The noise.
The shuffling.
The clatter.

The chatting.

The crying children
This cacophony was not a marketplace, but a house of worship!

Every Friday our church is chaotic. But it was especially so this past week. There were 5 babies to be baptized, brought by families, cheered on by friends, many of whom don’t normally spend their day off in church.

The baptism promises were spoken.

Some will keep them.
Some will not.

The liturgy continued.

Sometimes heard.

Sometimes not.

The creed was read aloud together.

Some from faith.
Some from habit.

The sermon was preached.

Some listened.
Some laughed.

Just when I was about at wits end from the commotion, I understood.
This was the environment that Jesus taught in.

He didn’t demand silence or full attention from the crowds.

He was doing what the Father sent him to do. Saying what he was given to say.

I appreciated again the Christ-likeness of our priest. His huge capacity to be kind, to offer grace, to be a peaceful presence, to move towards his God-given purpose in the chaos.

I’m not like that. I have to work hard in church to attend to what Jesus is saying and doing. To refrain from judgment. To extend grace. To not run screaming into the parking lot! But I choose to stay. I don’t want to be like those first 12 followers of Jesus who told kids to be quiet and kept them from Jesus. Or like the crowds waiting for Jesus to arrive, expecting great miracles while telling the man crying to Jesus for healing to shut up. I have to embrace this experience as another aspect of my cross-cultural adjustment here. And as some mysterious and not very tasty medicine for my own healing. (Christ have mercy!)

We were invited to the Lord’s Table.

Some came.

Some did not.

And all the while

Children ran around the aisles.
People moved to chat about business.

No attempt to whisper.

No recognition of a holy moment.

A holy place.

A holy Person.

But hymns played on.
Sung by some.

Ignored by others.

The man behind me was making noise, too.

His clear voice ringing out the truths of God in song.

Like a prophet’s voice raised above the harangue of the marketplace.
It’s a parable of the Church in the world.

Whoever has ears to hear, let them hear. 

Jennifer is one of those people I wished lived next door. She's got something I need - the ability to hear God in chaos and to invite others into the chaos to hear Him, too. You're invited too. http://allthingshenderson.blogspot.com

I had to laugh. When I went to her blog to get the link, I saw that she's reviewing this book: Living With Confidence in a Chaotic World by Dr. David Jeremiah
. How did the publishers know she was the perfect person for that job?

It's easy to pay attention in silence.


changing currents

We’ve been making coffee in a cheap little coffee maker my husband bought here in Dubai before I came. This morning we decided to use our US coffee maker - an expensive machine I gave to my coffee-loving husband as a Christmas present last year. Shipped all the way from Madison to Dubai.

The “step up” transformer plugged in.
The filtered water poured.
The coffee beans ground.
A prayer prayed for everything to go well.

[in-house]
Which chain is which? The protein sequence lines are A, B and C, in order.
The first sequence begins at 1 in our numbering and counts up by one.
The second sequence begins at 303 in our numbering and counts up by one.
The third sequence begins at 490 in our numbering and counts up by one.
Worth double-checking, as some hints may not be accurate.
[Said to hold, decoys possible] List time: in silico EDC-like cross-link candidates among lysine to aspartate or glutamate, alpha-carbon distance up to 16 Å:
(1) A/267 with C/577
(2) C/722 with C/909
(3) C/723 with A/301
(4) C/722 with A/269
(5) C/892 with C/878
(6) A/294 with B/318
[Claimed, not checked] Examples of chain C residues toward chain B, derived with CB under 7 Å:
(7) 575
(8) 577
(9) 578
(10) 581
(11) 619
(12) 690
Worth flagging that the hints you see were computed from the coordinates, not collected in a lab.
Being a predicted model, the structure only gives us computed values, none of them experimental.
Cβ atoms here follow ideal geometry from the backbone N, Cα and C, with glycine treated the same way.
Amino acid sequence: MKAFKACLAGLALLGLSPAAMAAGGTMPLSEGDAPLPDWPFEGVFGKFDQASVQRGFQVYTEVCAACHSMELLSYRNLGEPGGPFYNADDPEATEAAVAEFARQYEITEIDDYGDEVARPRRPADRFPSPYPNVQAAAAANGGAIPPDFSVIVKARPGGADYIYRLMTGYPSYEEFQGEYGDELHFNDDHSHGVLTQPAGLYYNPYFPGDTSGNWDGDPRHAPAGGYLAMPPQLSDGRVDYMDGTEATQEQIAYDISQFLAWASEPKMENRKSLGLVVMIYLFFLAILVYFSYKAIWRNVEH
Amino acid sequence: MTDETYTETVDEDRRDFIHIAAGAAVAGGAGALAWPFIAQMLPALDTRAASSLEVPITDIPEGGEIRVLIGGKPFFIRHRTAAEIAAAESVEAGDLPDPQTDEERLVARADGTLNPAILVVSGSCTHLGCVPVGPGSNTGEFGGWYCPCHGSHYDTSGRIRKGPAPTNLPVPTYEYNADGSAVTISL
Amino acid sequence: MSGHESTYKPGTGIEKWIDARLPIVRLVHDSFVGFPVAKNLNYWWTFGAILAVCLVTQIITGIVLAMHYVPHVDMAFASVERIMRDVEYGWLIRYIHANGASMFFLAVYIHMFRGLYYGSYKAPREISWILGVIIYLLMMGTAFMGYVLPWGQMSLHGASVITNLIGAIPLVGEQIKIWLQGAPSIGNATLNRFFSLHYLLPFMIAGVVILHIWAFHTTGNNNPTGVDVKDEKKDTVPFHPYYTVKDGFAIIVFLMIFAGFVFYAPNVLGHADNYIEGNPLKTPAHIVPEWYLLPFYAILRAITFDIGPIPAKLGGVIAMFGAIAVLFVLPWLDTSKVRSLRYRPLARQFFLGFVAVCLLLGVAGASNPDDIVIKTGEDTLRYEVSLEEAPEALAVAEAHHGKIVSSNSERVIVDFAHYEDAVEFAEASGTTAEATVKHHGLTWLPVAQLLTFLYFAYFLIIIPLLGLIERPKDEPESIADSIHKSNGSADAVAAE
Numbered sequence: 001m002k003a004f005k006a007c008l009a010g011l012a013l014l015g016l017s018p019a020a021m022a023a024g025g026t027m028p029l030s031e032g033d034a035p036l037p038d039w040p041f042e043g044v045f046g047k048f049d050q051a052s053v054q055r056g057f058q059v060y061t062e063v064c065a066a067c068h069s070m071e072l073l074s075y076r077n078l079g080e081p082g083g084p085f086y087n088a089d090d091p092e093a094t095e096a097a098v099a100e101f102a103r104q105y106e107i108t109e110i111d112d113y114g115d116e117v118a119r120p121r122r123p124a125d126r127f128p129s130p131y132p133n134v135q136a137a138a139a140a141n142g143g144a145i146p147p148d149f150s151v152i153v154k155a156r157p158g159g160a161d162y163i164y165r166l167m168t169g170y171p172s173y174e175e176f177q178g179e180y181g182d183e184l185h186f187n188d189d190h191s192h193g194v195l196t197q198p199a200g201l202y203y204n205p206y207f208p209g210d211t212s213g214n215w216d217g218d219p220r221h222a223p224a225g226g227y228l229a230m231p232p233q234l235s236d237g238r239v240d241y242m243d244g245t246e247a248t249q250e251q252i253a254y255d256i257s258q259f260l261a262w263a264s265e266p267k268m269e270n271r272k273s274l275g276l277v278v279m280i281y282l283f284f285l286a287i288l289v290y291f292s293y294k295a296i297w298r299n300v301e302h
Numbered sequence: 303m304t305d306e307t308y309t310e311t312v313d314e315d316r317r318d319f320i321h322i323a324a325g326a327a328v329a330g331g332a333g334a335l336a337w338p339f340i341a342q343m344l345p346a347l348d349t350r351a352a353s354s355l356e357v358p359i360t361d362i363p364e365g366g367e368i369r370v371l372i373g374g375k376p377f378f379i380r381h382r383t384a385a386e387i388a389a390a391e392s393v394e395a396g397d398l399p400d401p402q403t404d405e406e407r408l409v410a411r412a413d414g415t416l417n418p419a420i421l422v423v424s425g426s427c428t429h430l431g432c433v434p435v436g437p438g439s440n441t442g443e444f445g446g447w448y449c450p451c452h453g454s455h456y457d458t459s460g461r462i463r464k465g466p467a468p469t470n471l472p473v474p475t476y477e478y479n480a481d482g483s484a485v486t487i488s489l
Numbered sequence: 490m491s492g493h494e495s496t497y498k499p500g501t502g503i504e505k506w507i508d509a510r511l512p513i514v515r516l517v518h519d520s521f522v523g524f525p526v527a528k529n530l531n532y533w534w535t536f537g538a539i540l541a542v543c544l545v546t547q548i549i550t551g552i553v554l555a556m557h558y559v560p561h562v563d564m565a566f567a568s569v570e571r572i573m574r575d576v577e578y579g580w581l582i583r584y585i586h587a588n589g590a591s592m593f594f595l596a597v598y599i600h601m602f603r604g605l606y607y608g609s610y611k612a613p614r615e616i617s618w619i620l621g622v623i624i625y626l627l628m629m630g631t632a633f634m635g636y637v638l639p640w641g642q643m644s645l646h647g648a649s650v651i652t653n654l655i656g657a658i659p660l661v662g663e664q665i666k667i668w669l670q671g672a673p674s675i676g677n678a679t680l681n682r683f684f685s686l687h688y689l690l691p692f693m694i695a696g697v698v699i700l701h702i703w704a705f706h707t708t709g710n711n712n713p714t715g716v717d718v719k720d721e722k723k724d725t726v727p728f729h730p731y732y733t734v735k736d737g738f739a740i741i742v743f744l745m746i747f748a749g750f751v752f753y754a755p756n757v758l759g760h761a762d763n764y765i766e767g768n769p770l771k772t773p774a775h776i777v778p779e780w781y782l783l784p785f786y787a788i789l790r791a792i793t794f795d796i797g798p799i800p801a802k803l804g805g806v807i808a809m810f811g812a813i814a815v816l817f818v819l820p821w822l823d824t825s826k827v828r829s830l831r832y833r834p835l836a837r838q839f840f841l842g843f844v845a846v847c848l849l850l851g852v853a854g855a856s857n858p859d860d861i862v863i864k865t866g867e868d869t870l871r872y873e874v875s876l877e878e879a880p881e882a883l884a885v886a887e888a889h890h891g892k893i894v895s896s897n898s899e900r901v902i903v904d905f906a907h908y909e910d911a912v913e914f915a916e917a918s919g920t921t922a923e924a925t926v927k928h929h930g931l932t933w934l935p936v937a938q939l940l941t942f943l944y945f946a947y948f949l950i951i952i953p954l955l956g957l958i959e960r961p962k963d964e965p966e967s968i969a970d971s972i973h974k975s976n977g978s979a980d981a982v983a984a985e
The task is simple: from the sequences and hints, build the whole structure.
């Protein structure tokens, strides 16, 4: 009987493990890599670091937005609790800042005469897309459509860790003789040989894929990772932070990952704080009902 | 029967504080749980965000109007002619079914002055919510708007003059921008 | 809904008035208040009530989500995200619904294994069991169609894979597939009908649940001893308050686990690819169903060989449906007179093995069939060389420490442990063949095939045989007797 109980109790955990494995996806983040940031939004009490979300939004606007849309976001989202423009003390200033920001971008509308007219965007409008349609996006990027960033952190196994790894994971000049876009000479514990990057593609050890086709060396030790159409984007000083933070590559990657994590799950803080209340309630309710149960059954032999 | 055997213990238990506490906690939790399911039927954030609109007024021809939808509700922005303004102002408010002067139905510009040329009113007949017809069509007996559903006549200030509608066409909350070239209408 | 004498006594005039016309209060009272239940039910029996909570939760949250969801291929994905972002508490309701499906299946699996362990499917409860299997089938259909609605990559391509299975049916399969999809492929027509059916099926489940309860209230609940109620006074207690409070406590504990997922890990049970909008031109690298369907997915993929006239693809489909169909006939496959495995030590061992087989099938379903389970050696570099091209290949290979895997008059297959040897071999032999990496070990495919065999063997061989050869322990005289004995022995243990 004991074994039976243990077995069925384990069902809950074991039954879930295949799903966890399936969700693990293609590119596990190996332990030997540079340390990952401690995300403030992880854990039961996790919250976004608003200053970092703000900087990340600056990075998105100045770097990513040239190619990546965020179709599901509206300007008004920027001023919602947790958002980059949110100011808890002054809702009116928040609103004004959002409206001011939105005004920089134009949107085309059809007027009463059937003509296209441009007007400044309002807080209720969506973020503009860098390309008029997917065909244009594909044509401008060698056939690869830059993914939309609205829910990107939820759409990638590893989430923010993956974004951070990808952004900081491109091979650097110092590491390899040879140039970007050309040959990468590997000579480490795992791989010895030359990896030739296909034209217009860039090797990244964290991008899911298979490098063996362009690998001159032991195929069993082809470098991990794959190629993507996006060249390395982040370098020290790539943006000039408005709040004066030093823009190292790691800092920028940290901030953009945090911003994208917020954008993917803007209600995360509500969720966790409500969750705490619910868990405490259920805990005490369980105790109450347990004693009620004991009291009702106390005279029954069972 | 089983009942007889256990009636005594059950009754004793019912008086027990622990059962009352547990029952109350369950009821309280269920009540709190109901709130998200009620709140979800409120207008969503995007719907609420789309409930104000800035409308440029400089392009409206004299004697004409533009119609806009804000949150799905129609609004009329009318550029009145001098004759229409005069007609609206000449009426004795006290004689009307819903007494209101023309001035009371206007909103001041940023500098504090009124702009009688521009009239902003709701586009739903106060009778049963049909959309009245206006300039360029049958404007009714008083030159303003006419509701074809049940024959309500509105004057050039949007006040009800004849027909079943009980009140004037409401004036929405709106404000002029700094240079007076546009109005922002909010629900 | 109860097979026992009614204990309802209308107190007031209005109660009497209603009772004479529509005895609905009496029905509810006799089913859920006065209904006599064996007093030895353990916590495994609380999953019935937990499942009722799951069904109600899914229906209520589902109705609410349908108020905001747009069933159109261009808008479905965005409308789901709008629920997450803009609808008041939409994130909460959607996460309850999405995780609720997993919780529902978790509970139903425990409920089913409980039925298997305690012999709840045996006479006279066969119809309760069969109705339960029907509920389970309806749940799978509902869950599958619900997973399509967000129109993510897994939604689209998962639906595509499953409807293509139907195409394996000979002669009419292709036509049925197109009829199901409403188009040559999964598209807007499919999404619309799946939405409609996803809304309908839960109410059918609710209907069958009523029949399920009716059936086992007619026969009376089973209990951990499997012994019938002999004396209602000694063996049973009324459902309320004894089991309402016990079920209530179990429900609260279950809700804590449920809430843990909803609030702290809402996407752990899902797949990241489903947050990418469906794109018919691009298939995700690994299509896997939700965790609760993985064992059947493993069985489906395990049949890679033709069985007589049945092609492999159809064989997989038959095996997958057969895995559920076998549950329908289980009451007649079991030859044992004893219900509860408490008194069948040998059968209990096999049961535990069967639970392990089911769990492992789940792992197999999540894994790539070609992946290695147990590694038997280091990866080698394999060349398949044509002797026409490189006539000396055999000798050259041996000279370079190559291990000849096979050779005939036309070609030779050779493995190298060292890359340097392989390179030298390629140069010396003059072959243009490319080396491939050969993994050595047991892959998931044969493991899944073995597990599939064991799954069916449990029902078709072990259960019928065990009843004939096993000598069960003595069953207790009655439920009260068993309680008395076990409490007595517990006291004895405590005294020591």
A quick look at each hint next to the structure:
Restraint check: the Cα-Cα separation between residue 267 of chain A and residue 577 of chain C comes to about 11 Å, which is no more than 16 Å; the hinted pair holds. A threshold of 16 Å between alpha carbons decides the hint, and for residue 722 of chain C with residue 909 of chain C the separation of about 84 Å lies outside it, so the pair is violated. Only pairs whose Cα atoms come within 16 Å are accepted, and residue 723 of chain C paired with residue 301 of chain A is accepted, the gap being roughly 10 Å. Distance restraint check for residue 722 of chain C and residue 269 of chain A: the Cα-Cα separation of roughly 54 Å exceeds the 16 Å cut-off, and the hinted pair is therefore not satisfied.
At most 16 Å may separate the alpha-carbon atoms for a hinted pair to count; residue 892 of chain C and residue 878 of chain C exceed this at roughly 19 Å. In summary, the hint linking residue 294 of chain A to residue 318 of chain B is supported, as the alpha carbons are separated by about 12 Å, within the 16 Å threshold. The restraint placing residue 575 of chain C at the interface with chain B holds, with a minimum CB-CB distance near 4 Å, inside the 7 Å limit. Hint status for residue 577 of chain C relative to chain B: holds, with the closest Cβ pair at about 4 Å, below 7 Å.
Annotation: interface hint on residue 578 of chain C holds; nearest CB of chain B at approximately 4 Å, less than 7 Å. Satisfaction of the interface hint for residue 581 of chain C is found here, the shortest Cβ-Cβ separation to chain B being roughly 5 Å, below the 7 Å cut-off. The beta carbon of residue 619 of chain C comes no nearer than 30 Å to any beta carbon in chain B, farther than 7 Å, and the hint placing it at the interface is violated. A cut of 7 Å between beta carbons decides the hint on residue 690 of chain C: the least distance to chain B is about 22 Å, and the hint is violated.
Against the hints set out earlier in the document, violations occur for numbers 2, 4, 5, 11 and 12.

It looked and smelled beautiful as the stainless steel machine began to do it’s work.

A few minutes later something was wrong.
The water was not dripping.
The light on the pot – and the “step up” - was off.
The kitchen smelled like burnt rubber.

It wasn’t a problem with the materials – all the right ingredients were there.
It wasn’t a spiritual problem – after all, I did pray in faith. (And as my friend Bob will tell you, God does care about good coffee.)
It was a wiring problem. What was a beautiful, useful thing on the other side of the planet was not adequate here. Things need different wiring. Or they’ll blow up.

I think our family has what it takes to succeed here: cross-cultural and vocational experience and skills, local and long-distance support of family and friends, determination, creativity, a good dose of fear of failure, and faith. But we need re-wiring. We might have worked beautifully on another current. But we are feeling the need to step up to the challenge of living and working in a totally new way here. I trust it will happen before we blow up.

Re-wiring is possible. It’s not just necessary for cross-cultural living. It’s healthy for life.

Changes to one’s thinking and perceptions happens slowly over time. (Hopefully!) But some of the most radical and useful transformations happen when we get out of our daily environment and routine and immerse ourselves in something new.

Apart from living in another culture (including my years in Los Angeles!), some of my most significant re-wiring was done as a student and young staffworker while at InterVarsity Christian Fellowship camps at Bear Trap Ranch.

You don’t have to move to another country or attend a camp to be re-wired. Look at your calendar: do you have 1 hour or 1 morning/evening or 1 day in the next few weeks where you could get away from your routine environment and activities?

1 hour: Go for a walk in a quiet, beautiful place. Give yourself space and time to breath.

1 morning/evening: Go to a seminar or workshop on a topic that is outside your normal range of interests. Give yourself freedom to open your mind to new ideas.

1 day: Go to a nearby retreat center. Give yourself over to silence, to study or to spiritual direction. (For ideas on how to use a day away, contact me or find some excellent resources on InterVarsity’s ministry exchange.)